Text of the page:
And guarded early and late
They are changed into violets, violets,
When they fall at the Heavenly Gate.

Strange balm hath Time for our healing.

Though the wound was sore and deep
Yet some griefs stay through the work and play

And murmur in fields of sleep :
They shall change into violets, violets :

Know this and forbear to weep !

I learned this rune in a woodland,

It sighed in the scented air
(So sweet it smelt as when Mary knelt,

Loosing her heavy hair)
Myriads of violets, violets,

Were massed in the shadows there.

Snowdrop Lamps 25

Snowdrop Lamps

snowbells of the youngling year
Pearl-pendants on an emerald spear
Maid-jewels, chaste and light and clear !

Out of the frozen breast of death
What wise enchantment quickeneth
Your beauty-legion at a breath ?

Oh, troop of lovely mysteries !

White swinging lamps in flower-disguise

By angels lit in Paradise.

Too soiled our hands, too dull our thought,

To take, interpret as we ought,

This pure love-gift to winter brought !

Yet in dark temples of the mind
Some votive tablets, crystal-shrined,
These sacred lights, reflecting, find.

Hope, weary priestess, fills once more
Her own small lamp above the door,
And thinks her vigil almost o'er.

26 Snowdrop Lamps

The snowdrop lamps are lighted. Lo !
Rise, all sad hearts, arise and go,
Leave, leave these frozen wastes of woe.

Snowdrop Tryst 27

Snowdrop Tryst

T SAW a snowdrop :

Finger-high, slender,
A footstep would crush her,

A least breath would bend her-
And flawlessly moulded

Her white petals, seeming
Like seraph wings, folded,

In peace of her dreaming.

I saw a snowdrop :

The robin foretold her,
While days darkened o'er us,

Still briefer, still colder.
The bright sun climbs higher,

She meets him all fearless,
With no blossom nigh her,

In innocence peerless.

I saw a snowdrop :

Farewell, winter sadness,
White bells ! ring the prelude

Of full choral gladness,

28 Snowdrop Tryst

Life's great tryst-hour keeping
The young snowdrops glimmer

Yet some must lie sleeping.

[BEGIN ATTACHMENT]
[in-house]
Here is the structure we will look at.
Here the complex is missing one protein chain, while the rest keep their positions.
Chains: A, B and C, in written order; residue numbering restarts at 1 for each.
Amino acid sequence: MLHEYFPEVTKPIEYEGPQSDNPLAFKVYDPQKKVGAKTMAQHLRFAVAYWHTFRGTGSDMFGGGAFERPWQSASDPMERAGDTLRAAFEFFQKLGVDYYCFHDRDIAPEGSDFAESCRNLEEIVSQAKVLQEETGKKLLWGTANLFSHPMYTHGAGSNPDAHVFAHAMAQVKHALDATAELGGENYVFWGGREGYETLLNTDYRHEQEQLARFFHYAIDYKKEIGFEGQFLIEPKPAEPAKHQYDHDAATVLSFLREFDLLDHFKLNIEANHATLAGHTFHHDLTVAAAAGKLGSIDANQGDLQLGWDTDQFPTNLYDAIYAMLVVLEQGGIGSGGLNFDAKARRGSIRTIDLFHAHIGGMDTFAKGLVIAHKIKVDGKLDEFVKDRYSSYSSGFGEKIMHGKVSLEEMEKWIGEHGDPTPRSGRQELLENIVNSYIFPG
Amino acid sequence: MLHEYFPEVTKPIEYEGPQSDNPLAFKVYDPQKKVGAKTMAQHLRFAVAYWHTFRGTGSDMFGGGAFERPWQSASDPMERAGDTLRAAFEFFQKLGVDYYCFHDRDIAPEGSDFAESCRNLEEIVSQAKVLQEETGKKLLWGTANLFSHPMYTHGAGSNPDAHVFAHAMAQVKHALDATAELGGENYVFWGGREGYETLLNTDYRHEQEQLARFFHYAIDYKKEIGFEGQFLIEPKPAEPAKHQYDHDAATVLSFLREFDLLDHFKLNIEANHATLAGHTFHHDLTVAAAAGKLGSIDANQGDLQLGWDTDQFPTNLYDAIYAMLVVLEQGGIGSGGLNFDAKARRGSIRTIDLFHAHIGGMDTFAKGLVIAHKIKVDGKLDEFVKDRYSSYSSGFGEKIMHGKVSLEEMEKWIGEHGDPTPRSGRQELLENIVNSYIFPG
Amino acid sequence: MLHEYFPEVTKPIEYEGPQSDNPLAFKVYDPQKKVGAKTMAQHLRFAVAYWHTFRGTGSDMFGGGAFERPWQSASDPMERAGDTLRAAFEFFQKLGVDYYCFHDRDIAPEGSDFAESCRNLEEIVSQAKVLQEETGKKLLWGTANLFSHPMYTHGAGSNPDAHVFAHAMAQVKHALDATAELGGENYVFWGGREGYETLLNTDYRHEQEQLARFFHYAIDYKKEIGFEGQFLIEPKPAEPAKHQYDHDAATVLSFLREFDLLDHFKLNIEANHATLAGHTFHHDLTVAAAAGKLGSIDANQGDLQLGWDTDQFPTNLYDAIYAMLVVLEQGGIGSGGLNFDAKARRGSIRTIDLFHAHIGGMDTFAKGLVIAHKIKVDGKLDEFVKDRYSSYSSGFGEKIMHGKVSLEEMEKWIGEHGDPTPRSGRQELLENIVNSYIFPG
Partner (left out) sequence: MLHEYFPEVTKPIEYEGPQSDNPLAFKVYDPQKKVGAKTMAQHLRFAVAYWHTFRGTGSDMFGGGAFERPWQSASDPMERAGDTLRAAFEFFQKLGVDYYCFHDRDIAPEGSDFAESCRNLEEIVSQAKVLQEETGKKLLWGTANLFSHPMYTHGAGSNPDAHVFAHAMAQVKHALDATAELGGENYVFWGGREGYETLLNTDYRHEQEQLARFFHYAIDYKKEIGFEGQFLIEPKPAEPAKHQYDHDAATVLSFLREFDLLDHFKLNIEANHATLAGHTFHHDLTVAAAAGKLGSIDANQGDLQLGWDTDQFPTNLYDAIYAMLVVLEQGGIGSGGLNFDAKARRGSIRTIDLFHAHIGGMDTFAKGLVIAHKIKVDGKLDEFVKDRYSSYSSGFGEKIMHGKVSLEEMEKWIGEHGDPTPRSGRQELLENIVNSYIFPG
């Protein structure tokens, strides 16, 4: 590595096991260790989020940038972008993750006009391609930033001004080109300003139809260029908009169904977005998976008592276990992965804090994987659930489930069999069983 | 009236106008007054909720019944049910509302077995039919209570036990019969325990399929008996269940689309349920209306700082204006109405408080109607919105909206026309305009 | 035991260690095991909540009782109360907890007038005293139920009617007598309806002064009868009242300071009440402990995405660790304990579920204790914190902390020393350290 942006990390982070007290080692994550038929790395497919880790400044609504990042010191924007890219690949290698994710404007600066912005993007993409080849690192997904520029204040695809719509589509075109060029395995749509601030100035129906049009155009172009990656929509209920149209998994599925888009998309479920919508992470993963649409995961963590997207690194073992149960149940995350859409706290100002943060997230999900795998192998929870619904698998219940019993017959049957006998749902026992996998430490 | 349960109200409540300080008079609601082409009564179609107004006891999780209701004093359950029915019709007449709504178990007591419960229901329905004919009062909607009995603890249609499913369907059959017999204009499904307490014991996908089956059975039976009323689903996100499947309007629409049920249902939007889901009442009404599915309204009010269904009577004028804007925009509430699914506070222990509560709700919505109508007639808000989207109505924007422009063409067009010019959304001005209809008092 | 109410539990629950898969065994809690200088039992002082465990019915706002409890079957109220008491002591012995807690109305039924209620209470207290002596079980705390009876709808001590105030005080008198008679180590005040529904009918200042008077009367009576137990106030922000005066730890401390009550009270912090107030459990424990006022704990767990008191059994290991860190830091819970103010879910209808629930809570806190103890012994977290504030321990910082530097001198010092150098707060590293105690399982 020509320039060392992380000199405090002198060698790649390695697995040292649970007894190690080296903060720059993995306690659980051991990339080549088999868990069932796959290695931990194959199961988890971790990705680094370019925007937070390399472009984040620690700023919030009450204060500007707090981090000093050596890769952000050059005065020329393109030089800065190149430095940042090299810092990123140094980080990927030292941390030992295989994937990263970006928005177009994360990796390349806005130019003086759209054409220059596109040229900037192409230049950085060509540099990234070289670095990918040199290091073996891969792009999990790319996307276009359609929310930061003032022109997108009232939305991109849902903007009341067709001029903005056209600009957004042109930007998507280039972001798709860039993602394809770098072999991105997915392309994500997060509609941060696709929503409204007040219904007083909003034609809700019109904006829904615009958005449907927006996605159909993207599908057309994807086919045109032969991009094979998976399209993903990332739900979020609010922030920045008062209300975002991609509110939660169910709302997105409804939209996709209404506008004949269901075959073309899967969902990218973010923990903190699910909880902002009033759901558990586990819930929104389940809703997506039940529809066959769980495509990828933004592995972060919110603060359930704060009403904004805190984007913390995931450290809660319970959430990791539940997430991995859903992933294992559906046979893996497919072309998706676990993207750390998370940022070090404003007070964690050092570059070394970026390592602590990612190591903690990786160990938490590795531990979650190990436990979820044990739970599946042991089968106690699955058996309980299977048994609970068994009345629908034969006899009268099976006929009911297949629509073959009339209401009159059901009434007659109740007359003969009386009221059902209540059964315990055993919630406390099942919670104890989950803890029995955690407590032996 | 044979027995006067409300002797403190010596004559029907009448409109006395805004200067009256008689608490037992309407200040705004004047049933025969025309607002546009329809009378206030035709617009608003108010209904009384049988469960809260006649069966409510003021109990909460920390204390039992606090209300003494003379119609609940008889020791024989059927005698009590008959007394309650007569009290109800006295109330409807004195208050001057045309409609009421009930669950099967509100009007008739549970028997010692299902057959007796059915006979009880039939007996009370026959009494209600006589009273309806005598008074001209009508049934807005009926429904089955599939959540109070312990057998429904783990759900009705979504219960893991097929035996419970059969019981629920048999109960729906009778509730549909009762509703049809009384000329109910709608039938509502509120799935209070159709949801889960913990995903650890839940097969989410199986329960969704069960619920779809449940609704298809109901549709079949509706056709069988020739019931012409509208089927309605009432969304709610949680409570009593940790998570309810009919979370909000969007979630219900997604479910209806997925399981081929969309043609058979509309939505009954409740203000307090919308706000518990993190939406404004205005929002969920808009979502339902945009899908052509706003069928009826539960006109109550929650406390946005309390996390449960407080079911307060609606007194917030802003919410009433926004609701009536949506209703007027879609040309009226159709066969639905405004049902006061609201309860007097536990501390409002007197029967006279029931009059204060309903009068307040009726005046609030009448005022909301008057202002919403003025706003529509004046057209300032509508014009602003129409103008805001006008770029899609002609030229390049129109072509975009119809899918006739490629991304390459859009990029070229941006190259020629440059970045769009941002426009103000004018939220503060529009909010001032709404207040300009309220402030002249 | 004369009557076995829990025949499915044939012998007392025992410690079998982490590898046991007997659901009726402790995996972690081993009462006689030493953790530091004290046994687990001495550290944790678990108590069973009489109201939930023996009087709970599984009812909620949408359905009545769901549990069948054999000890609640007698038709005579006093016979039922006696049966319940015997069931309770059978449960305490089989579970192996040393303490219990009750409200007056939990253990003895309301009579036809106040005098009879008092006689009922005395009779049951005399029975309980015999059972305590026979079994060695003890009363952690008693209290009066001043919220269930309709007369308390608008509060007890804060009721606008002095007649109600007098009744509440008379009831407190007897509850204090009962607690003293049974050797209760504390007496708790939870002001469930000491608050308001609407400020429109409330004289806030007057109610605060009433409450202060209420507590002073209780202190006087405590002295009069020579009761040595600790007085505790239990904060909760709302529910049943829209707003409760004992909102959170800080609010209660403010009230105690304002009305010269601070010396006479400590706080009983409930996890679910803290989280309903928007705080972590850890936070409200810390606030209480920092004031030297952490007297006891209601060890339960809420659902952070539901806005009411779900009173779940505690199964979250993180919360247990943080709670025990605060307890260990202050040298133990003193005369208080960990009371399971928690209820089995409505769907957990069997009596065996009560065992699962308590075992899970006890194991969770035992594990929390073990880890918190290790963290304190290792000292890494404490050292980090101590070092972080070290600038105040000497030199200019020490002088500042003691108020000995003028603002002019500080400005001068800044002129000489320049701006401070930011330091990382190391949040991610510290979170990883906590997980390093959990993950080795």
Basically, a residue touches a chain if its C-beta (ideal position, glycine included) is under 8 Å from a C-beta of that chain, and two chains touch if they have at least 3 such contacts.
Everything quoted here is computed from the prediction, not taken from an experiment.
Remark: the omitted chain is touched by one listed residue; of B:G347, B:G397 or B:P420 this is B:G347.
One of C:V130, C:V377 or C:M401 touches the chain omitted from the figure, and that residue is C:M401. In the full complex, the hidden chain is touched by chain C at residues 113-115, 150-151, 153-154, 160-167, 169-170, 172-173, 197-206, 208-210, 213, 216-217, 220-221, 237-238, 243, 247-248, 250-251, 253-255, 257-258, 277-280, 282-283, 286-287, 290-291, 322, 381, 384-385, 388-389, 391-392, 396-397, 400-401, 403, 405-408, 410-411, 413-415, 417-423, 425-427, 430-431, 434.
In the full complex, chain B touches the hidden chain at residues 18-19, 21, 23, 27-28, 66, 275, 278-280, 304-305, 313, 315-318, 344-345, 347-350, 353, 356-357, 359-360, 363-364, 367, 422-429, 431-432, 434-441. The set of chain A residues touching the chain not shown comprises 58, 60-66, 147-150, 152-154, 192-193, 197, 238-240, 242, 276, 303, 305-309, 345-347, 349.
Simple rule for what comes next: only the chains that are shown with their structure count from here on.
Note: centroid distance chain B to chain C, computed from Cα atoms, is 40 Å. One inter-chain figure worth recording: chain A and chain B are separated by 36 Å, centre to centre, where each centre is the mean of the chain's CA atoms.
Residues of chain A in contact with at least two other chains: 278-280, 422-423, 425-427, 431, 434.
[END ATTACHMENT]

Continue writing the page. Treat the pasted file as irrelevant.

Mine eyes have grown dimmer.

The Snowdrop 29

The Snowdrop

HPHE missel-thrush, wild singer,
His loud, new message tells :

Beneath him, lightly swaying,
Tremble my fairy bells.

We know the self-same tune :
Now winter wanes, and soon
Life, sunlight, joy, and June.

No mortal, tho' world-weary,

May ever look on me
But he discerns, remembers
The child he used to be
So innocent of stain,
And witless of all pain,
Pure, young, and glad again.

No mortal, though despairing,

Who finds me at his feet
But sees a flying vision,
Elusive, far, and sweet
A light to follow still,
Redress for all life's ill,
With Spring's new call and thrill.

30 Madrigal


daylight dies ; now flush the skies

Rose, rose-and-gold ;
They flush, they fade, and twilight's shade

Grows grey and cold.
Look up, my heart, and think, alas !

Lost light, how fair it was !

Hark ! soft and near, how full and clear

That song subdued !
It floats, it fails ; to listening vales

No more renewed.
Listen, my heart, and learn aright

Lost song, what lost delight !

Life's but a day that dies away,

A stinted song.
Be wise, be wise ; the moment flies,

The night is long.
I hear a Voice repeat, repeat :

Lost /ove, how bitter-sweet !

Redbreast 3 1


HpHE swallow hath fled from the rain and the haze

Like a truant ;
And the mavis, loud minstrel, hath stinted his praise

Once so fluent.

Where's a singing bird for the sullen morn ?
Who shall bring a word to the meadow shorn ?
Shall I ? Shall I ?
For the old love glow
Be it so.

No lark now blesses the daylight boon

Eastward breaking ;
Nor nightingale for the wistful moon

Will sit waking.

They are gone, are fled from the autumn chill.
All alone, instead, I have songs to trill ;
Oh, few ! but true :
For the old love-cheer
Hearts will hear.

There's a last lone leaf to yon wind-stript bough

Fondly clinging :
And a last joy-thrill may the year win now

Through my singing :

3 2 Redbreast

In the drear low days of her pale distress
She shall hear the praise of my faithfulness,
Till I sing the spring

And the old love-gleam

To her dream.

Sir Redbreast 33

Sir Redbreast

npHE whistling wind may scatter wide

The dead leaves from thy cradle-tree,
The forest strips her summer pride,
And all the world is sad but thee.
Thy careless tune
Is touched with June
Hark ! where the winter sorrows throng
My Robin finds a song !

I saw red squirrels in the trees

With eager haste their harvest win !
Early and late I marked the bees
From field and hedge fly heavy in.
No cunning hoard
Thy toil hath stored ;
Yet while the winter threatens grim
My Robin frames a hymn !